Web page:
Europeans are fed up with the elites and get to the streets

Spain’s parliament has passed a €15bn (£12.7bn) austerity package by just one vote, leaving the Socialist government nakedly exposed to popular fury.

Telegraph

Its glaring lack of political solidarity is the latest sign of rising resistance to deflation policies across the eurozone.

Prime minister Jose Luis Zapatero had to rely on the abstention of Catalan nationalists to push through public sector wage cuts of 5 percent this year and a freeze in 2011.

The 1930s-style pay squeeze was effectively imposed upon Spain by Brussels as a quid pro quo for the EU’s €750bn “shield” for euro zone debtors. It is a bitter climb-down for a workers party that vowed to resist salary cuts. Public sector unions have called a strike on June 8 to protest an act of “ultimate aggression” against the people.

The conservatives voted against the measures, prompting a fiery rebuke from finance minister Elena Salgado. “Unpatriotic, irresponsible, and hardly very European: one day they will pay for this,” she said.

The measures include cancellation of the €2,500 “baby cheque” and lower pension benefits. Mr Zapatero hopes to cut the deficit by an extra 1.6pc over GDP over two years, though unemployment is already 20 percent. The deficit will fall from 11.2pc in 2009 to 6pc this year.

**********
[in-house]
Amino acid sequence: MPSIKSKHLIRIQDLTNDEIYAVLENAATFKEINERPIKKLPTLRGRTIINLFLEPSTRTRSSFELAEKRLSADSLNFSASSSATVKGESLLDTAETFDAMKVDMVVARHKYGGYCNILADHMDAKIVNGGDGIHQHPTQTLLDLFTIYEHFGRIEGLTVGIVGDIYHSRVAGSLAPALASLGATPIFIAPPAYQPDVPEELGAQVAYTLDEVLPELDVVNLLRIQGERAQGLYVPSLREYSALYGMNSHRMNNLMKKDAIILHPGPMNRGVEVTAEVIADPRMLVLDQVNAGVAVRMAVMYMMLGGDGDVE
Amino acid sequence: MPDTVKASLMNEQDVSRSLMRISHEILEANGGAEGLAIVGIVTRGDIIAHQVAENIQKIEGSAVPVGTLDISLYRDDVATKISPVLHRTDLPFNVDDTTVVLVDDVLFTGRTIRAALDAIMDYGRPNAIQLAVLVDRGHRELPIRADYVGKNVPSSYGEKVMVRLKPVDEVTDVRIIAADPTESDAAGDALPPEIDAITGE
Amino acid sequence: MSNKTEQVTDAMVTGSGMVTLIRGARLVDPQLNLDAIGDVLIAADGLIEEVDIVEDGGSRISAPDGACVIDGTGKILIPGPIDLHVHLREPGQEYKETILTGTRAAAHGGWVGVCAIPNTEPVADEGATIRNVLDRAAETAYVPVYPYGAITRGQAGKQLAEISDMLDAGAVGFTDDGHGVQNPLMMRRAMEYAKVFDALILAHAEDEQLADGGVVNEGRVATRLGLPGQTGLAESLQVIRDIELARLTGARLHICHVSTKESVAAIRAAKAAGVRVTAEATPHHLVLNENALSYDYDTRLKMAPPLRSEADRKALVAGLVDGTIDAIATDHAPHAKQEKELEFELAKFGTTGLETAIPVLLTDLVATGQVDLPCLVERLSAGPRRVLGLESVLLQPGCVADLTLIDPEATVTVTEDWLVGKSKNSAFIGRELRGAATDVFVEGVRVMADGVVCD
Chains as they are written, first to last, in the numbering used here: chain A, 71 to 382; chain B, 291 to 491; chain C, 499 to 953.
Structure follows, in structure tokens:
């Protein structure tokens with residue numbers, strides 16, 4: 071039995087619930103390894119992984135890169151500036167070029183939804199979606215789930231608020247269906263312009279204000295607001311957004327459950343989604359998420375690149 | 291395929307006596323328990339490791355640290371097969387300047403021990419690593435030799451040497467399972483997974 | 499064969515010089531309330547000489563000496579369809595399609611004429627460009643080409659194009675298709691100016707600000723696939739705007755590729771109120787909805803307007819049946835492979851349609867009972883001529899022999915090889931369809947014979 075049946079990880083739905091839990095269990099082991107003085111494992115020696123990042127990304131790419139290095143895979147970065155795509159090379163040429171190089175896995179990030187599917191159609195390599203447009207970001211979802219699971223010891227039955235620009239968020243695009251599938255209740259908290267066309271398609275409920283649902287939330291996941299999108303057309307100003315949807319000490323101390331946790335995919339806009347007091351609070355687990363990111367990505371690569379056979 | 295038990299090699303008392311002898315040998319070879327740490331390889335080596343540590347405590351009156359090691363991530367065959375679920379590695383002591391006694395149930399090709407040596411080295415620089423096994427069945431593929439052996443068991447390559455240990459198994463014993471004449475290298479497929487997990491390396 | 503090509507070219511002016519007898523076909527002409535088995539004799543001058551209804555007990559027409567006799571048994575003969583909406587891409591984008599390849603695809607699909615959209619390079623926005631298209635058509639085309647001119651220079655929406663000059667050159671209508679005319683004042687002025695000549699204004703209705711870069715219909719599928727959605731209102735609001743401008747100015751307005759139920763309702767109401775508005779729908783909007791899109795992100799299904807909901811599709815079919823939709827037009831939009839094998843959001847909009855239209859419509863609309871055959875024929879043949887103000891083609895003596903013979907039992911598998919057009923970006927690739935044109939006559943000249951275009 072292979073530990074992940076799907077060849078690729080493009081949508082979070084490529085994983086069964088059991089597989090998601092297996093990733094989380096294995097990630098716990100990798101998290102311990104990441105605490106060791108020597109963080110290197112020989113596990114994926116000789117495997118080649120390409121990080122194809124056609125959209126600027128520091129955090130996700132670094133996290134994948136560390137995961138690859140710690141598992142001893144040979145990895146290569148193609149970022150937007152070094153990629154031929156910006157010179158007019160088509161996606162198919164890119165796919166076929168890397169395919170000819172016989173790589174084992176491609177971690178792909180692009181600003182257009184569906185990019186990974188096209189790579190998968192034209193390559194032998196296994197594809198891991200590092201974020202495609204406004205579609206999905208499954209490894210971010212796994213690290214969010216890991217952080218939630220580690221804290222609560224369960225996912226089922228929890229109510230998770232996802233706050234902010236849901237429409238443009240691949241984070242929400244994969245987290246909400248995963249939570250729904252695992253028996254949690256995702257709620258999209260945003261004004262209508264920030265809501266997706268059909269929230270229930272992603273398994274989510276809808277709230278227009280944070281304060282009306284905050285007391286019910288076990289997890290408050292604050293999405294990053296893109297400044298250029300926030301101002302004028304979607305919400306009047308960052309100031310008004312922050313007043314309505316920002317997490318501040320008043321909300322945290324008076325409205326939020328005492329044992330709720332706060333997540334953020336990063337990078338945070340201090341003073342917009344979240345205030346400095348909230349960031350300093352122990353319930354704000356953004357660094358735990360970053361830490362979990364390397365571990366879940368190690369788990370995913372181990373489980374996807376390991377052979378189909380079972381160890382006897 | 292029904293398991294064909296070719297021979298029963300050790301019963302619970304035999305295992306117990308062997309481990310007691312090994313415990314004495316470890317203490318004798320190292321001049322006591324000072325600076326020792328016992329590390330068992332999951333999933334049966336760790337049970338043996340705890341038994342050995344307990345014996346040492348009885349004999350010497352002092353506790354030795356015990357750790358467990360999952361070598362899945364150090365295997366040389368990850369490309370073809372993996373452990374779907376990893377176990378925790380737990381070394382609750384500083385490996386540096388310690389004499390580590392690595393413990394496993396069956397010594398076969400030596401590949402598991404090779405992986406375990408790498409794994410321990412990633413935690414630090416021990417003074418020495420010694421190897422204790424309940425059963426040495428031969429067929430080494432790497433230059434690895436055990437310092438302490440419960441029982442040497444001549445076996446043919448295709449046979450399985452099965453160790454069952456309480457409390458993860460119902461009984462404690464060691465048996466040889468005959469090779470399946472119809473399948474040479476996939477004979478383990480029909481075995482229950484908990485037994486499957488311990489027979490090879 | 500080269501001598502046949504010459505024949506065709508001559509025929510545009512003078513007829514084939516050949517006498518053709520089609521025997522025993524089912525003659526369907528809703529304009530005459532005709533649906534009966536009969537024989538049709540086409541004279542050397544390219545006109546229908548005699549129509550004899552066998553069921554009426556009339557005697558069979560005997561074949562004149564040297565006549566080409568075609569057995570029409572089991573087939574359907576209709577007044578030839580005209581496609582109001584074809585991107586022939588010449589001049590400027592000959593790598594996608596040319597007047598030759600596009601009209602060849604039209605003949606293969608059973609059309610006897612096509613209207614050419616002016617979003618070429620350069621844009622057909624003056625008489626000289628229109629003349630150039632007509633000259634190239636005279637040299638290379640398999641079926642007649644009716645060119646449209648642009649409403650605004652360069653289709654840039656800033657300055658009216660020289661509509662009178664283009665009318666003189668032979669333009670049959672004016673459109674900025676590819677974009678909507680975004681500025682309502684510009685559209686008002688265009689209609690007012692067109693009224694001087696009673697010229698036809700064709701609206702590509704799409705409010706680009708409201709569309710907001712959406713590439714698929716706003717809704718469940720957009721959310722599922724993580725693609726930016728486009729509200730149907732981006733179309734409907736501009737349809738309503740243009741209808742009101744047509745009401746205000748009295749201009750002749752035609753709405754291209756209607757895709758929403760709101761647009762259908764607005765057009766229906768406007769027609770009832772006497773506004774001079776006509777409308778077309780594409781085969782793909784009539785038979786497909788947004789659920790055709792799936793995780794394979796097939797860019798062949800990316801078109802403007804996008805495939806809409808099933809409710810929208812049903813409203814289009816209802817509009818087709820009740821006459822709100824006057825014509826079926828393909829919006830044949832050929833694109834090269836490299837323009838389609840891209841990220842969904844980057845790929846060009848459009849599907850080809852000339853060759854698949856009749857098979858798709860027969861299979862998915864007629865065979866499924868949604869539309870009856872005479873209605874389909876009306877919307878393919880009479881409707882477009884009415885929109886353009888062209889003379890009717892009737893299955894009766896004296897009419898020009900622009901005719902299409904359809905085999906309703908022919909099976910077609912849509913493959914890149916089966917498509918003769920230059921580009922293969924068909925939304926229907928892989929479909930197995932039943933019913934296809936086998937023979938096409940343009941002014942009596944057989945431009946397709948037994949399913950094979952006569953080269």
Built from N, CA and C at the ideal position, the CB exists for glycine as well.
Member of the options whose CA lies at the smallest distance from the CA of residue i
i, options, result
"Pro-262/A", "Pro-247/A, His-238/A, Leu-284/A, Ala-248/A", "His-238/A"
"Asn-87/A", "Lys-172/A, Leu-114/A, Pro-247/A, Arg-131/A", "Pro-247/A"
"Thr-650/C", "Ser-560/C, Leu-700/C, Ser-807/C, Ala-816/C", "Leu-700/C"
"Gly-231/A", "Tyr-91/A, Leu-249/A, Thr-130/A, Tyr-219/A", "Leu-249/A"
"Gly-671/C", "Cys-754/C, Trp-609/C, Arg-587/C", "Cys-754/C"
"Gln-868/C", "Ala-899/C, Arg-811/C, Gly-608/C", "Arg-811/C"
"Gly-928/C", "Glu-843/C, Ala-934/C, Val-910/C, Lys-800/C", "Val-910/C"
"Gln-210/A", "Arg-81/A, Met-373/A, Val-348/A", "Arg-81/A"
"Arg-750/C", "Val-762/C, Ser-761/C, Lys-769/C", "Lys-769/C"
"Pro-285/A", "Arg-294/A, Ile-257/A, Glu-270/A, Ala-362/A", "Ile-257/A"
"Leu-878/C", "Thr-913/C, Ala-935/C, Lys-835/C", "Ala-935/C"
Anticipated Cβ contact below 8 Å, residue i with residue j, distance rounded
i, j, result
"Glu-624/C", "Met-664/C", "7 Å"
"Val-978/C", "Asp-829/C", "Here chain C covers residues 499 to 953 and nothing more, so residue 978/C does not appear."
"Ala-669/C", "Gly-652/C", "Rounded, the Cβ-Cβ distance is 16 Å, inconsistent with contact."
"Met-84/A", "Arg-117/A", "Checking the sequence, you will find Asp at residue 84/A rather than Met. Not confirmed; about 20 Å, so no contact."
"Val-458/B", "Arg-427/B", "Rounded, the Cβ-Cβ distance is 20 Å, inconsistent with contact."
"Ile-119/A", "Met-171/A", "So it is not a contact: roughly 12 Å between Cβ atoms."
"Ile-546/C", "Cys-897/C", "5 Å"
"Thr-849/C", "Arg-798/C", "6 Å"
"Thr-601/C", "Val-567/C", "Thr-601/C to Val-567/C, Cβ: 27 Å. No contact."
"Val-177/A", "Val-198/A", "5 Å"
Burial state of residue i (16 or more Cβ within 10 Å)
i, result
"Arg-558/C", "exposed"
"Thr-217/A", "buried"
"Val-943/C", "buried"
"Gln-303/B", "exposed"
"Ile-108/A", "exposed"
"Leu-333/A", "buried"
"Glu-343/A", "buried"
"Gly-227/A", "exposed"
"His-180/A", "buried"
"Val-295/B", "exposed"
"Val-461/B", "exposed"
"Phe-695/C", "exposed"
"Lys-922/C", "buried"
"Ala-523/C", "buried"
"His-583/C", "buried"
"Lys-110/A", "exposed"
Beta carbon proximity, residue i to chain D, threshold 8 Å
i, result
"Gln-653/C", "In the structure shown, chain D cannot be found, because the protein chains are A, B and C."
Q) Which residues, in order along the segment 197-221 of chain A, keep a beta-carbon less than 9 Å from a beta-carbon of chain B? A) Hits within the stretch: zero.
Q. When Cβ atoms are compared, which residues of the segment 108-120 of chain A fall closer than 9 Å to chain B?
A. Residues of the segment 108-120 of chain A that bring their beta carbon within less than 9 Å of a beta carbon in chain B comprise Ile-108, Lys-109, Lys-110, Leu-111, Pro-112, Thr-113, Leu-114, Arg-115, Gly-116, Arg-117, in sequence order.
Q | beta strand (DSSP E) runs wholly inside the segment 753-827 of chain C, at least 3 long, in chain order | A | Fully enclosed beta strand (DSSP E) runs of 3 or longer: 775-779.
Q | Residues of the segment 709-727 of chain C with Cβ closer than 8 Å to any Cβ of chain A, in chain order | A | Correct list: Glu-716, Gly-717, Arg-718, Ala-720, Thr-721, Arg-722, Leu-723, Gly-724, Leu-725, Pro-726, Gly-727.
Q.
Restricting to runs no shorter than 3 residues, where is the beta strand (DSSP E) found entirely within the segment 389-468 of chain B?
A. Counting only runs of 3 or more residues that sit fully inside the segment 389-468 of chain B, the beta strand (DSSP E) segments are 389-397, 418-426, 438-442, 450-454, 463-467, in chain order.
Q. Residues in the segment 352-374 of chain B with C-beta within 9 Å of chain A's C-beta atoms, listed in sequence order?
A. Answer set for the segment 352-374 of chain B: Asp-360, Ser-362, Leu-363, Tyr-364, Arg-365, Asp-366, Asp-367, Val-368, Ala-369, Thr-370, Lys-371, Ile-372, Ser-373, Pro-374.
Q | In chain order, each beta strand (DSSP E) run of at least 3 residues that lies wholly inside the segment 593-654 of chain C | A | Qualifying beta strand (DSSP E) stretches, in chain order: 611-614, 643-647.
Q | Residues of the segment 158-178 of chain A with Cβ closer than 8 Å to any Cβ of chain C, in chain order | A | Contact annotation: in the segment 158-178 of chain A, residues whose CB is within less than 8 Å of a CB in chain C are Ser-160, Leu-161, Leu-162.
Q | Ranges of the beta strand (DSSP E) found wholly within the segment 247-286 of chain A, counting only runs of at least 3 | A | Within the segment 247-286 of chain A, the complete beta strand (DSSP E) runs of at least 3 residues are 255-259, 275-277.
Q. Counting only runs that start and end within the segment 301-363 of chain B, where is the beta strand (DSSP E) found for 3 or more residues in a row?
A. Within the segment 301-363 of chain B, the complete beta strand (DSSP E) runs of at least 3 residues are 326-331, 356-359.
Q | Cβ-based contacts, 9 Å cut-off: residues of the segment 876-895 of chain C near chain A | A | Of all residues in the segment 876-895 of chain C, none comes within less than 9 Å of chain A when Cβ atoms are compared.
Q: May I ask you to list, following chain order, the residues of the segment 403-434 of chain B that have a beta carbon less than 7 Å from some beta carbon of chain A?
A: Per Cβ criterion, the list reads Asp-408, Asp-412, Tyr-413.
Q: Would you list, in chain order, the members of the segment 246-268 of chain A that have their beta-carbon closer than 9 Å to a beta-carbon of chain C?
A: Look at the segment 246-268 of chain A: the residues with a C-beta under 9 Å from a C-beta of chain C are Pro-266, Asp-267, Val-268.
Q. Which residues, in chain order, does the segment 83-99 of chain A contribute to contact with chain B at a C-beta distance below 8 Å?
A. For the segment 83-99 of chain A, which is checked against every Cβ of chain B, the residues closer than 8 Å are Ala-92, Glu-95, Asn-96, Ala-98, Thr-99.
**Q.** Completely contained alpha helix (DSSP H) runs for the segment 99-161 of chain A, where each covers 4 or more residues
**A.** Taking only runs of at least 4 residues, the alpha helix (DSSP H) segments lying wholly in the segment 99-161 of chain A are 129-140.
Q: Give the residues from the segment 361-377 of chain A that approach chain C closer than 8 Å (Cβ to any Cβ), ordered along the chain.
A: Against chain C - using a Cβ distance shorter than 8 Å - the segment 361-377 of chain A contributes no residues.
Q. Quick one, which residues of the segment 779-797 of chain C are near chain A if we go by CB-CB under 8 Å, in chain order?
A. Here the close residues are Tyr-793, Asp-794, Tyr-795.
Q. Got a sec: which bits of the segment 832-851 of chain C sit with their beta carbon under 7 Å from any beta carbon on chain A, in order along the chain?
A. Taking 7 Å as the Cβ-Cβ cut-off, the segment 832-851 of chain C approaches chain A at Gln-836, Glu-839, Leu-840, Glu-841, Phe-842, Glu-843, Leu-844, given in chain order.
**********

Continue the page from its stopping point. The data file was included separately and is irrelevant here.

Raj Badiani from IHS Global Insight said cuts may not be enough. The government is relying on growth projections that are “far too optimistic” to do the heavy lifting of the deficit reduction.

In Italy, the main CGIL trade union is launching two sets of strike in June to protest “unjust and unsustainable” cuts announced on Tuesday night, claiming that axe falls squarely on ordinary workers. “Those who earn over €500,000 won’t have to put up a single cent,” it said.

Premier Silvio Berlusconi said the sovereign bond scare sweeping the euro zone had forced Italy to build up a security buffer. “This crisis has been provoked by speculation and is like no other. These sacrifices are necessary to save the euro,” he said.

The €24bn austerity package (1.6pc of GDP) over two years aims to cut the bloated bureaucracy, chiefly by reducing grants to regional governments.

“Italy’s spending is out of control: this irresponsible system worked as long as we could devalue the currency,” said Mr Berlusconi. “

About Luis Miranda
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